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View Full Version : Spitfire Tandem Brake Cylinder on a Spitfire Mk1



britishcarfreak
01-06-2004, 06:41 PM
Is there a simple way to get a twin brake line master cylinder onto a spitfire mk1?

I don't want to have to order a new one from a later spitfire.

I was thinking that maybe one from a 2500 saloon might fit. I've got one from an S downstairs.

It would be nice if the power booster could also be fitted somehow.

Anyone done this>>?

piman
01-07-2004, 11:27 PM
Hello Glen,
I can't answer your question, but I suspect that it is possible. (I have a MK 2 brake M\C - booster on my MK 1 2000, I just had to space out the clutch master cylinder to clear the larger diameter booster body)
However, whenever I rebuild a car I fit copper brake lines and steel braided flexible hoses and don't see any need for a dual circuit brake system.

Alec graemlins/thirsty.gif

britishcarfreak
01-09-2004, 09:31 AM
I assume that dual brake line offers no more in the way of pedal pressure application to the brakes and that it only offers a level of safety by increasing the likelyhood of still having two brakes in the event of a leaking or broken line.

That said.. I guess there's not a lot of reason to go to dual line. However. The thought of brake bias was my concern. On a single line car how is the split between front and rear pressure acheived?

I'm at the bare chassis stage of my restoration and now is the best time to plum in some new brake lines.

piman
01-09-2004, 01:02 PM
Hello Glen,

Dual line systems can give variable bias but not using the standard manufacturers dual system. That is a safety feature but to my mind not that effective. There are two types, diagonal, i.e. one front and a diagonal rear or front rear.
I wonder how, as it it such a rare occurence, drivers would cope with the altered balance if they experience a failure.
To get variable bias you need two seperate master cylinders coupled via an adjustable cross bar. If both cylinders are equal in bore, actuating the cross bar in the centre will give 50\50 pressure, the bias being then down to the cylinder diameter at the brakes; pressure on the pads\shoes being line pressure times cylinder area. (Which is how the bias is established with a single line system, relative cylinder size front and rear)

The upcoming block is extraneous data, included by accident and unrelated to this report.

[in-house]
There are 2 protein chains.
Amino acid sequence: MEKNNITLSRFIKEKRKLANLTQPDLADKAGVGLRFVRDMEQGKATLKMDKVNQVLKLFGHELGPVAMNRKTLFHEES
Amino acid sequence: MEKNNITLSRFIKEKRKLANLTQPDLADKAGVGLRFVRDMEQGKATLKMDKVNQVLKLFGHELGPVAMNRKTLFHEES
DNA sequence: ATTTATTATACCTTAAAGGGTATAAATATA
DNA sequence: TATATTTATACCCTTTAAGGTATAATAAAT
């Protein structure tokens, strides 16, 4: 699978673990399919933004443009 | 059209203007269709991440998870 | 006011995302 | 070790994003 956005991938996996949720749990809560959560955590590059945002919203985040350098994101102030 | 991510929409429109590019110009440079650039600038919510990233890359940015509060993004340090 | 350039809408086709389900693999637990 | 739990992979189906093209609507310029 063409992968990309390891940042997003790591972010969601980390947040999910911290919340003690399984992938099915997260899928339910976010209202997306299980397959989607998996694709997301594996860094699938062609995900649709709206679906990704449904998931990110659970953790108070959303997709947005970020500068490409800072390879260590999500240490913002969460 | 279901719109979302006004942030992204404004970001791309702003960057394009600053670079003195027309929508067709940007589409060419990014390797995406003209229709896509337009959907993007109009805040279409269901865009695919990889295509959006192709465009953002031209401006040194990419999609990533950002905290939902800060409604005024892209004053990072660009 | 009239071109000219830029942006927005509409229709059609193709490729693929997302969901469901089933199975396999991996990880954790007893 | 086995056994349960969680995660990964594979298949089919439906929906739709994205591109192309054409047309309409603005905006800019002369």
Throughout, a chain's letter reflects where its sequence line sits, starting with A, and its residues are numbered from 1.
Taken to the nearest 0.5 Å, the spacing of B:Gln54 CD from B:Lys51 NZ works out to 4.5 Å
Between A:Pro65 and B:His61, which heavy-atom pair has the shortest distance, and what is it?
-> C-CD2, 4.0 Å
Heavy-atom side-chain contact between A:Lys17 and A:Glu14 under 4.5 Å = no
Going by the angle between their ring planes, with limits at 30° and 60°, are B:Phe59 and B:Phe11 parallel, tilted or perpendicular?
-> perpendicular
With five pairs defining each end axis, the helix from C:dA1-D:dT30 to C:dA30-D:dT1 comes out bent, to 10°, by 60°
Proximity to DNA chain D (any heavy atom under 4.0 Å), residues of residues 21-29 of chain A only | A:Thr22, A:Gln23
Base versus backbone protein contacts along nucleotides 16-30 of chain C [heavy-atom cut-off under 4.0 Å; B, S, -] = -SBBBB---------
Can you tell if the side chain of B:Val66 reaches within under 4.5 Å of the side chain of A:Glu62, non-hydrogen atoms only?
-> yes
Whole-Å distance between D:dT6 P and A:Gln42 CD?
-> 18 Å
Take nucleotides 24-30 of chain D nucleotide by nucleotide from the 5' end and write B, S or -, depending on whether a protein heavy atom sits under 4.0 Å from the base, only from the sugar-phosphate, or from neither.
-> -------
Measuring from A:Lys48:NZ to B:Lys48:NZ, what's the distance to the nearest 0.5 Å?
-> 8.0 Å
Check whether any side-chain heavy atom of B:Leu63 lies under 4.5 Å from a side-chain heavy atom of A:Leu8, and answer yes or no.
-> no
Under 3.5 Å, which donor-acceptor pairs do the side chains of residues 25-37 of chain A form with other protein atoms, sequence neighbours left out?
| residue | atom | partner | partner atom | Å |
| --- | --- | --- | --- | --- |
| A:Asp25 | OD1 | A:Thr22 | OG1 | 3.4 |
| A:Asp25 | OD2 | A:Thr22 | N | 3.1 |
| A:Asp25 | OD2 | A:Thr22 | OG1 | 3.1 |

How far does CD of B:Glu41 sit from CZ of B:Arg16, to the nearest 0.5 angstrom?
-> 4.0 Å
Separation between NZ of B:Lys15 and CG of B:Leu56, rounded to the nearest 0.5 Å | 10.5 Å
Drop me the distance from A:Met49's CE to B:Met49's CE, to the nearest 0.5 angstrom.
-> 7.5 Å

Going back, if the actuating point on the cross bar is moved off centre, pressure increases in the cylinder nearest the actuator and reduced in the other, a basic lever system.

I hope that helps somewhat?

Alec. Very graemlins/thirsty.gif

Eric
01-09-2004, 01:50 PM
On single line cars, bias is acheived by appropriately sizing front and rear cylinders and/or friction area. Dual line cars are the same, with the added complication of differing amounts of fluid being moved by the master cylinder.

Be aware that discs and drums operated with different amounts of movement, so need different amounts of fluid supplied. In modern cars that come with rear drums or rear discs (depending on the model), different master cylinders are used for each version.

Switching from a single to dual line system will require quite a bit of replumbing, and an appropriate new master. I suspect a GT6 dual circuit master cylinder would be appropriate, but you'd have to look into it.

The GT6 in its last years was supplied with a brake servo that's no longer available. There is a replacement Lockheed booster available (both Rimmers and Victoria British carry it), that operates remotely from the master cylinder, so is more flexible for mounting options. It only operates on the front circuit (as in the original GT6 servo), as discs need servo action much more than drums, which have a mechanical 'self servo' action.

Good luck.